Like many others in Egypt and around the world, I avidly followed the Tokyo 2020 Olympic Games which ran from 23 July to 8 August 2021. The event had been originally scheduled for 2020, hence the title “Tokyo 2020”, but had to be put off on account of COVID-19 pandemic.
Despite the fact that team sports invariably garner sizable public enthusiasm, individual olympic games retain the charm of being games of “the fastest, highest, strongest”, as termed by many sports critics. As such, Olympic Games will forever remain the international feast that encompasses all sports, the global banquet that gathers the human family around sublime ethics and principles far removed from the political, military, racial, or ethnic conflict that tears us apart.
In addition to the excitement of viewing the marvellous Tokyo Olympics, there was the thrill of following the Egyptian teams and individual players competing in the games. Here, the excitement was tenfold; it was not merely the unbiased pleasure of watching excellent sportsmanship, but also the moment by monument stir of following a team or player competing under the Egyptian flag. This is when nationalist sentiment superseded the pleasure of watching a masterful game, and assumed instead heated cheering for Egyptian players to win, raise high the Egyptian flag, and hear the Egyptian national anthem played.
Once the winning players came home to Egypt with their medals—Egypt won six medals: one gold, one silver, and four bronze—they were welcomed as heroes. But very quickly, harsh criticism started pouring out in the media and social media, expressing frustration at the results and condemning players and sports unions for what was seen as a poor showing at Tokyo 2020. I saw this as undue self-flagellation that warranted a stand.
No matter how humble the number of medals achieved by Egyptian players in Tokyo 2020, and despite aspirations for doing better, it is good to be reminded that the six-medal-win was the best performance ever for Egypt in the modern Olympic Games that started with Stockholm 1912.
We should understand that Egyptian sports unions did not send our players to Tokyo with insufficient training or qualification; or, as some thoughtlessly claimed, they had better not gone at all. Participation of a player in Olympics is not through mere selection, but through qualifying for the game. Every serious observer knows that this is a process which takes arduous training, and involves competing on local, national, regional, and continental levels. Only then may a player be nominated for the Olympics. I thus cheer every Egyptian player who went to Tokyo, marched in the opening parade, and competed in the games, whether or not they won. We should be understanding and proud of them, and work to prepare them for better results in Paris 2024. We should grasp and rectify the reasons behind Egypt’s lacklustre performance in Tokyo 2020.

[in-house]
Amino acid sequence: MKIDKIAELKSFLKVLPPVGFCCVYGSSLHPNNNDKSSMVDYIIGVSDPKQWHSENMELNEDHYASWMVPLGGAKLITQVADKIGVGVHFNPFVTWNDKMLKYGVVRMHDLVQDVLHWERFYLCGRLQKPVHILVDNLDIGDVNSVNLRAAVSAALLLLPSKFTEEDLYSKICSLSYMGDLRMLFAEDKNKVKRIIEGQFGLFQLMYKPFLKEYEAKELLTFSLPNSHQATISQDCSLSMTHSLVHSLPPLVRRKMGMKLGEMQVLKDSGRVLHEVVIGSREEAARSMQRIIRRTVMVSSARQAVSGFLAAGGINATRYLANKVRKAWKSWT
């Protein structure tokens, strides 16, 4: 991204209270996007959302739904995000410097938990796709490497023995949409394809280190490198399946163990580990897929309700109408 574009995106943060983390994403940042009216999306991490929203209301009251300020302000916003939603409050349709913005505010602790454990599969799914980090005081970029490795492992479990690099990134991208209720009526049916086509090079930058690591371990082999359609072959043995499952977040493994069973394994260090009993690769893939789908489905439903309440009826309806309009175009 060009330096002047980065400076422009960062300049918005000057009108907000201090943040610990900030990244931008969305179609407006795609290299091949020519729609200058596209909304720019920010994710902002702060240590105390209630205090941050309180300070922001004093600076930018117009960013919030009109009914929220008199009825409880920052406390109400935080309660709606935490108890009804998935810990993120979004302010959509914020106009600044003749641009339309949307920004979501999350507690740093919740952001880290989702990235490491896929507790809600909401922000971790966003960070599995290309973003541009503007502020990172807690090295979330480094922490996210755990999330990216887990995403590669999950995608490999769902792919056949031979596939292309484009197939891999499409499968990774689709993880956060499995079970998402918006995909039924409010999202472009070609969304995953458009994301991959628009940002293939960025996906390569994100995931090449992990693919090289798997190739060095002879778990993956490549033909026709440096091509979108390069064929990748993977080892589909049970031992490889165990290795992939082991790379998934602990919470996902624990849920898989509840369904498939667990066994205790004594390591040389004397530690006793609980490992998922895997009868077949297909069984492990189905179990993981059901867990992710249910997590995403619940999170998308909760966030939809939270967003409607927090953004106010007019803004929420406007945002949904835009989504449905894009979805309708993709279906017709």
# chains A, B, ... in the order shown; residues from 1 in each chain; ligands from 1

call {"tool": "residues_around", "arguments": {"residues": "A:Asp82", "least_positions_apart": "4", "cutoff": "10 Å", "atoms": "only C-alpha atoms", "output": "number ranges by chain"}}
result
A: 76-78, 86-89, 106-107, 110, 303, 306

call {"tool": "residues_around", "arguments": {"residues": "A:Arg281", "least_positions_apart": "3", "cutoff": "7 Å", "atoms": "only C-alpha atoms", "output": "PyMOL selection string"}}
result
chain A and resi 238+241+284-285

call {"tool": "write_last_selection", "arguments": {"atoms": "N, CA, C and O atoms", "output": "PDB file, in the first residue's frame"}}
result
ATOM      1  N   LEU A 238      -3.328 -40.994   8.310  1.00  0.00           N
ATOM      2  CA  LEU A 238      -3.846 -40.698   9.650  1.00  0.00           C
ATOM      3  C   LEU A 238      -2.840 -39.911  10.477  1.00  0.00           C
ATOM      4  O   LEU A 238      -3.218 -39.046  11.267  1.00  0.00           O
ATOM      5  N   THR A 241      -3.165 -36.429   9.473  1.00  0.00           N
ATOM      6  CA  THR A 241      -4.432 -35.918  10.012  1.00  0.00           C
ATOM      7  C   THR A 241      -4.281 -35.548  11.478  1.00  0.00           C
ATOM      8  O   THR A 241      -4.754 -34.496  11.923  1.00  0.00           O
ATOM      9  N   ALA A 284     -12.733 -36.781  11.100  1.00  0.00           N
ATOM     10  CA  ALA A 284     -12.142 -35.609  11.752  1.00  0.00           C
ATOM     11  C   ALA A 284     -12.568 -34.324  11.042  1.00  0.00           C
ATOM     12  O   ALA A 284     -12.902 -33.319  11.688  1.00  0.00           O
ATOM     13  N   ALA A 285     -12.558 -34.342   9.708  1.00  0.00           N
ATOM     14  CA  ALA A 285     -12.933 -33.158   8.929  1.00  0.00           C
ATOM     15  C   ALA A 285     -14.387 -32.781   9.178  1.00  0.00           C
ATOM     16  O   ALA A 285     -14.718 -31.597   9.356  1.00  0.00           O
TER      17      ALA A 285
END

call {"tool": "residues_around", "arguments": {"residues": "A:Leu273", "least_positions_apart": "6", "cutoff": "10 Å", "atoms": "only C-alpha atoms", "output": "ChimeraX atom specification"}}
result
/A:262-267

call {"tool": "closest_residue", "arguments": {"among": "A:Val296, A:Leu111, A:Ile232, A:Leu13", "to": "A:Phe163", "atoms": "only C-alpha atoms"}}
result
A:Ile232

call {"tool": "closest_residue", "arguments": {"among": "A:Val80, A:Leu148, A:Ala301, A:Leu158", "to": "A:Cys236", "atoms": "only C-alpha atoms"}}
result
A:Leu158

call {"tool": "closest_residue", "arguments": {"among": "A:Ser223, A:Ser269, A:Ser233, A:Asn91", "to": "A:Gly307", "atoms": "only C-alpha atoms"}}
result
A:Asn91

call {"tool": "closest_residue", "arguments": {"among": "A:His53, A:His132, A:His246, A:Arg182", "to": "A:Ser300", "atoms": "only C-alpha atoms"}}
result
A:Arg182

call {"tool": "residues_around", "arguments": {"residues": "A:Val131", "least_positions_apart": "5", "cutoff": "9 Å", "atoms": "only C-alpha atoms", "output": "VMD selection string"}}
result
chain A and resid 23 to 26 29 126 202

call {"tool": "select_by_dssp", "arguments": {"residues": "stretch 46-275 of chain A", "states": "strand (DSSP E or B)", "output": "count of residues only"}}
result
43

I was impressed by an opinion piece written by sports critic Ibrahim Hegazy and printed in al-Ahram on 13 August under the title “The best, yes … the aspired, no”. Mr Hegazy masterfully analysed the Egyptian sports scene, diagnosed its problems, and recommended remedies.
“We can stand among the big winners,” Mr Hegazy wrote, “because we possess the stuff of which heroes are made; our land produces richly gifted individuals of international calibre who can compete on a world scale, and our Constitution stipulates the right of every Egyptian to play sports. Yet our sports law lacks the basic tenets needed for playing sports, making it almost impossible to spot gifted players … We need to erect a 50m x 25m court in the midst of every five buildings constructed, so that the residents would have every opportunity to play sports.
“Our first priority in the coming period should be that every girl and boy child should play sports for the sake of better physical and mental health .. for the sake of a better national body .. for the sake of a safe, coherent community .. for the sake of spotting gifted sports individuals. The number of those who play sports in Egypt is very small; no wonder gifted players are scarce.
“We must change our inferior look at any sport other than football [football is the overwhelmingly popular sport in Egypt] … also our brushing off of junior players. These juniors will grow to be the heroes of tomorrow. We must realise that the gifted players we now have are no more than 1 per cent of those we might have but who never got the opportunity to play serious sports.
“Tokyo 2020 has made it obvious that our players were not mentally prepared for the gruelling stress the competition involves. Not a few of them were very close to winning, but lost because they had had no adequate preparation to mentally withstand the near intolerable stress of making it to the top. We need to reset the training systems for our junior players; these systems focus on winning but pay no attention to the young persons’ incompletely developed nervous systems which must be trained to deal with the stress involved in competition.”
Finally, I cheer every Egyptian who competed in Tokyo 2020, and I wish Egypt better in Paris 2024 through a wider player base that makes for better national physical and mental health, and produces heroes.
20 August 2021